With this blog I am going to continue the discussion of the Austrian and Austro-Hungarian officer service crosses. In this blog I will commence the discussion of the Officer’s Military Service Decoration, second class (Militärdienstzeichen II Klasse für Offiziere) which was issued from 1890-1918.
Date Issued: March 12, 1890 – 1918
Reason Issued: From 1890 until 1913 to reward officers of the Austrian army and navy who had served forty years of active service in a faithful and honorable manner. After August 7, 1913 the cross was given to reward officers of the Austrian army and navy who had served thirty-five years of active service in a faithful and honorable manner
Classes or Types: This cross was issued in one type.
- Only the highest grade of the service cross which had been earned could be worn.
- In the early crosses the eagles are more gothic in design, they have a more lightly feathered body and longer necks and tails.
- Crosses with mother of pearl or Tortious shell reverse were privately made. The mother of pearl or Tortious shell prevented the brass of the cross from discoloring the uniform (Austrian full dress for many officers was white)
- In 1890 it was determined to reverse the title of the military service crosses. Thus the crosses for the most years served became the first class and the other classes were arrayed below it in descending order.
- Time in service was counted toward receipt of this award in two ways: piece time service was counted one year for one year, during a military campaign each year of service was counted as two years.
- Officers who served more than forty years received a pension equal to the salary they drew upon retirement.
- As of 19 November 1917, in addition to the officers of the army, military doctors were now entitled to the second class officer’s service decoration.
Hallmarks: None known
Design: A clawed cross in the Leopold style with arms that widen toward the ends. The cross has a loop or stylized wedge shaped eye at the top to which is attached an oval ring for attaching the cross to the ribbon.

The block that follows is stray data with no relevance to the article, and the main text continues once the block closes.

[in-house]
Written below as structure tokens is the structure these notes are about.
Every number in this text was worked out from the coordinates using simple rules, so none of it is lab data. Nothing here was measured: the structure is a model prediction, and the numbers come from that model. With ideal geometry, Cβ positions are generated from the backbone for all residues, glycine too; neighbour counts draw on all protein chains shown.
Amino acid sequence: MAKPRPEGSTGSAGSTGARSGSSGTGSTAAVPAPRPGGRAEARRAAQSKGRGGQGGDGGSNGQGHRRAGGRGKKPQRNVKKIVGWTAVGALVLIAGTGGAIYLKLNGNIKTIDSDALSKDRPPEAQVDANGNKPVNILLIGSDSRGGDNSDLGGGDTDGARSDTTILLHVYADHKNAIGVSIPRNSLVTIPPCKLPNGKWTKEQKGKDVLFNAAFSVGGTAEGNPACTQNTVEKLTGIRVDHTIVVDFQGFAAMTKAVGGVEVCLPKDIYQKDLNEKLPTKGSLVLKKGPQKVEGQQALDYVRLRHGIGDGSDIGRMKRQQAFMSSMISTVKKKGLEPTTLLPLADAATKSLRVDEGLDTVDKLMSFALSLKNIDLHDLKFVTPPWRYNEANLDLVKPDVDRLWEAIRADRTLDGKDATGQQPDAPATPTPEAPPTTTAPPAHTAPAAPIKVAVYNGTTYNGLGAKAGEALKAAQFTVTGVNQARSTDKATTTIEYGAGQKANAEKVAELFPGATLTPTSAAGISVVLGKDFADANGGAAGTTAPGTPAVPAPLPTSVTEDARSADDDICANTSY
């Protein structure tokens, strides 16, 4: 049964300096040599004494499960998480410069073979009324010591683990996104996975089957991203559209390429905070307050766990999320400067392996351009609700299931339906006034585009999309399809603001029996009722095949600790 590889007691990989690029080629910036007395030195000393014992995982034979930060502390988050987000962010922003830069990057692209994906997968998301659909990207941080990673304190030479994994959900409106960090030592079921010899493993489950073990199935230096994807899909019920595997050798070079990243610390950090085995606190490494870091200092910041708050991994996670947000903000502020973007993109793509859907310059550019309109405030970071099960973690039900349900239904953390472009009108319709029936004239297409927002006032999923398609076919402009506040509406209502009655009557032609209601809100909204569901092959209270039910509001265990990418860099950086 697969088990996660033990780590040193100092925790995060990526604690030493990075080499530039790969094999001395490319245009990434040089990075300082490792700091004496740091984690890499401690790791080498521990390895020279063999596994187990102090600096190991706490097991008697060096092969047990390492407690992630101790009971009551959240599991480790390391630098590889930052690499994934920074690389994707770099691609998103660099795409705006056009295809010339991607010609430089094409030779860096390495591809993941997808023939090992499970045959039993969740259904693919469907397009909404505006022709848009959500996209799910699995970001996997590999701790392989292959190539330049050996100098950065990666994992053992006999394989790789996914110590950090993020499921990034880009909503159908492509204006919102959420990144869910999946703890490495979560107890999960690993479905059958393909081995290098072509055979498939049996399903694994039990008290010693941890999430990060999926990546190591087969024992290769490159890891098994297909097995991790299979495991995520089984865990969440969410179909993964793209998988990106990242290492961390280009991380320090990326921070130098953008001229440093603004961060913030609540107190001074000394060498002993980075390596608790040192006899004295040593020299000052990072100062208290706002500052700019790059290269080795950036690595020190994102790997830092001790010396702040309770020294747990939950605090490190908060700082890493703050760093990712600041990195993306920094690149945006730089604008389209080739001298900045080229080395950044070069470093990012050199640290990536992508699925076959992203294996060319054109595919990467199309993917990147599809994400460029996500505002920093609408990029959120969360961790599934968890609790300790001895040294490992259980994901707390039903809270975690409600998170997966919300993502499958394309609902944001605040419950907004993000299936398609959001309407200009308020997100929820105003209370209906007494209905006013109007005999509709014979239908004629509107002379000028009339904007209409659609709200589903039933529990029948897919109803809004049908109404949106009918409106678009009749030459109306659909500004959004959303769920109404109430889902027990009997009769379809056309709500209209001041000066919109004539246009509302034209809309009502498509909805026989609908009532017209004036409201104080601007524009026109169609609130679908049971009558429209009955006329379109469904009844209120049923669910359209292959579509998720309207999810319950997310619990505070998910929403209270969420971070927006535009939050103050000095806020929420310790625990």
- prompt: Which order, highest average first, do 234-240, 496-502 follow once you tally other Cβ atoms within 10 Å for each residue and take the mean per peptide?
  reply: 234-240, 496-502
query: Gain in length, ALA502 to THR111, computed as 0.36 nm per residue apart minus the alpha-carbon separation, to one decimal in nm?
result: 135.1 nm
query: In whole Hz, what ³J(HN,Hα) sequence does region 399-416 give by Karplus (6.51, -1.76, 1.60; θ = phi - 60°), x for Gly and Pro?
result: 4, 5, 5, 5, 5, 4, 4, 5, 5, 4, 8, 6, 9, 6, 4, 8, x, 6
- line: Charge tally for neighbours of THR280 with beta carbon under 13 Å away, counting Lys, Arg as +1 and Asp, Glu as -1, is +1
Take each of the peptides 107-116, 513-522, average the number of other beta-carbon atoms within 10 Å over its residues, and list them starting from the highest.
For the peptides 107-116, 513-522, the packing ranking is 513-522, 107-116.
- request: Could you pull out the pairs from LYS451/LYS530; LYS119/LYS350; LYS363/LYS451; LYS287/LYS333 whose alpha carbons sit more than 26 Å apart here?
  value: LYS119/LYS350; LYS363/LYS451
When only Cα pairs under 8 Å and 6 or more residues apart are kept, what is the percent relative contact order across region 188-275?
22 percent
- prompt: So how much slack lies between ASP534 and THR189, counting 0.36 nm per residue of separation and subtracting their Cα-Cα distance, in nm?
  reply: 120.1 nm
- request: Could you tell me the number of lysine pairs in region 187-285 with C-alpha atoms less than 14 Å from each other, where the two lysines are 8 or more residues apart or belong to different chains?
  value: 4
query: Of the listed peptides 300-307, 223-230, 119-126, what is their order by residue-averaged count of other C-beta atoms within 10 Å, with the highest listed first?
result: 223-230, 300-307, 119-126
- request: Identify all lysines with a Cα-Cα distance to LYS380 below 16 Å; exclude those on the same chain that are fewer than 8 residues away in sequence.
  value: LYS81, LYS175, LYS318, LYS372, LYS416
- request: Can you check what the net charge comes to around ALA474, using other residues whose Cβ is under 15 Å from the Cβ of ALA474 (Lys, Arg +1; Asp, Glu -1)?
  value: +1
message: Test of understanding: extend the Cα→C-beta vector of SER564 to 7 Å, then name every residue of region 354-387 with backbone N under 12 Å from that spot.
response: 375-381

Obverse: A cross with a finely granulated surface and raised edges. The edges of the arms of the cross are tapered. The arms of the cross have a 2 mm raised smooth edge. The inner portion of the raised edge is of black enamel, which follows the contour of the cross. In the center of the cross is a gilt double-headed imperial eagle. Above the eagle heads is the imperial crown. In the right talon is a sword and in the left an orb. On the breast of the eagle is the Habsburg coat of arms. Below the coat of arms is the chain of the Order of the Golden Fleece.
Reverse: The reverse of the cross is usually plain. It may, however, have decorative element, a mother of pearl finish or an inscription if it is a presentation cross.
Weight: 13.7 grams
Size: 34-35 mm in diameter
Type of Material:
- Gilded silver with an attached gilt eagle
- Gilded silver with an attached gilt eagle and a mother of pearl reverse
- A zinc cross with a bronze center eagle
Variations: There are several variations of this decoration:
- Type I decoration: as described above
- Type II decoration: A zinc cross with a bronze center eagle
- Type I obverse: As described above
- Type II obverse: As described above except that it has a roman style eagle with the individual eagle heads on the obverse of the cross crowned
- Type I reverse: As described above with the following exception: it has a rivet in the center for attaching the eagle to the cross
- Type II reverse: As described above with the following exception: The reverse is sheathed in mother of pearl
- Type III reverse: As described above with the following exception: The reverse is sheathed in mother of pearl with an inscription
- Type IV reverse: The reverse is plain metal
- Type V reverse: The reverse is plain metal with an inscribed dedication
- Type VI reverse: The reverse is decorated with a fine inscribed line which follows the contours of the arms of the cross
- Type VII reverse: The reverse is decorated with a fine inscribed line which follows the contours of the arms and the center medallion of the cross
- Type VIII reverse: The reverse of the arms are decorated with a beaded line that follows the contour of the medal and has a finely pebbled area within the beaded design. The reverse center medallion is round and plain.
- Type I suspension: As described above
- Type II suspension: A stylized wedge shaped eye
- Type I eagle: As described above
- Type II eagle: A roman style eagle with the individual eagle heads on the obverse of the cross crowned
Designer: After 1908 Josef Zimbler
- Hauptmunzamt Wien (Imperial Mint, Vienna)
- Josef Zimbler of Vienna
Number Issued: Between 1890 and 1918 approximately 6,200 second class crosses in their various incarnations were awarded.
Hope you enjoyed this blog. Until next time when I will continue my description of the Officer’s Military Service Decoration, second class 1890-1918, I hope you find joy in our shared interest
Thank you for this informative blog. Just wanted to let you know that there are some examples with the mark of Joseph Zimbler (JZ). These are high quality examples with gold eagles.
Thank you for pointing out that Zimbler made some of these decorations. I checked my research and find that I had also noted that fact. I am going to check my blog post and will add that information if I inadvertently left it out. Thank you for bringing this to my attention.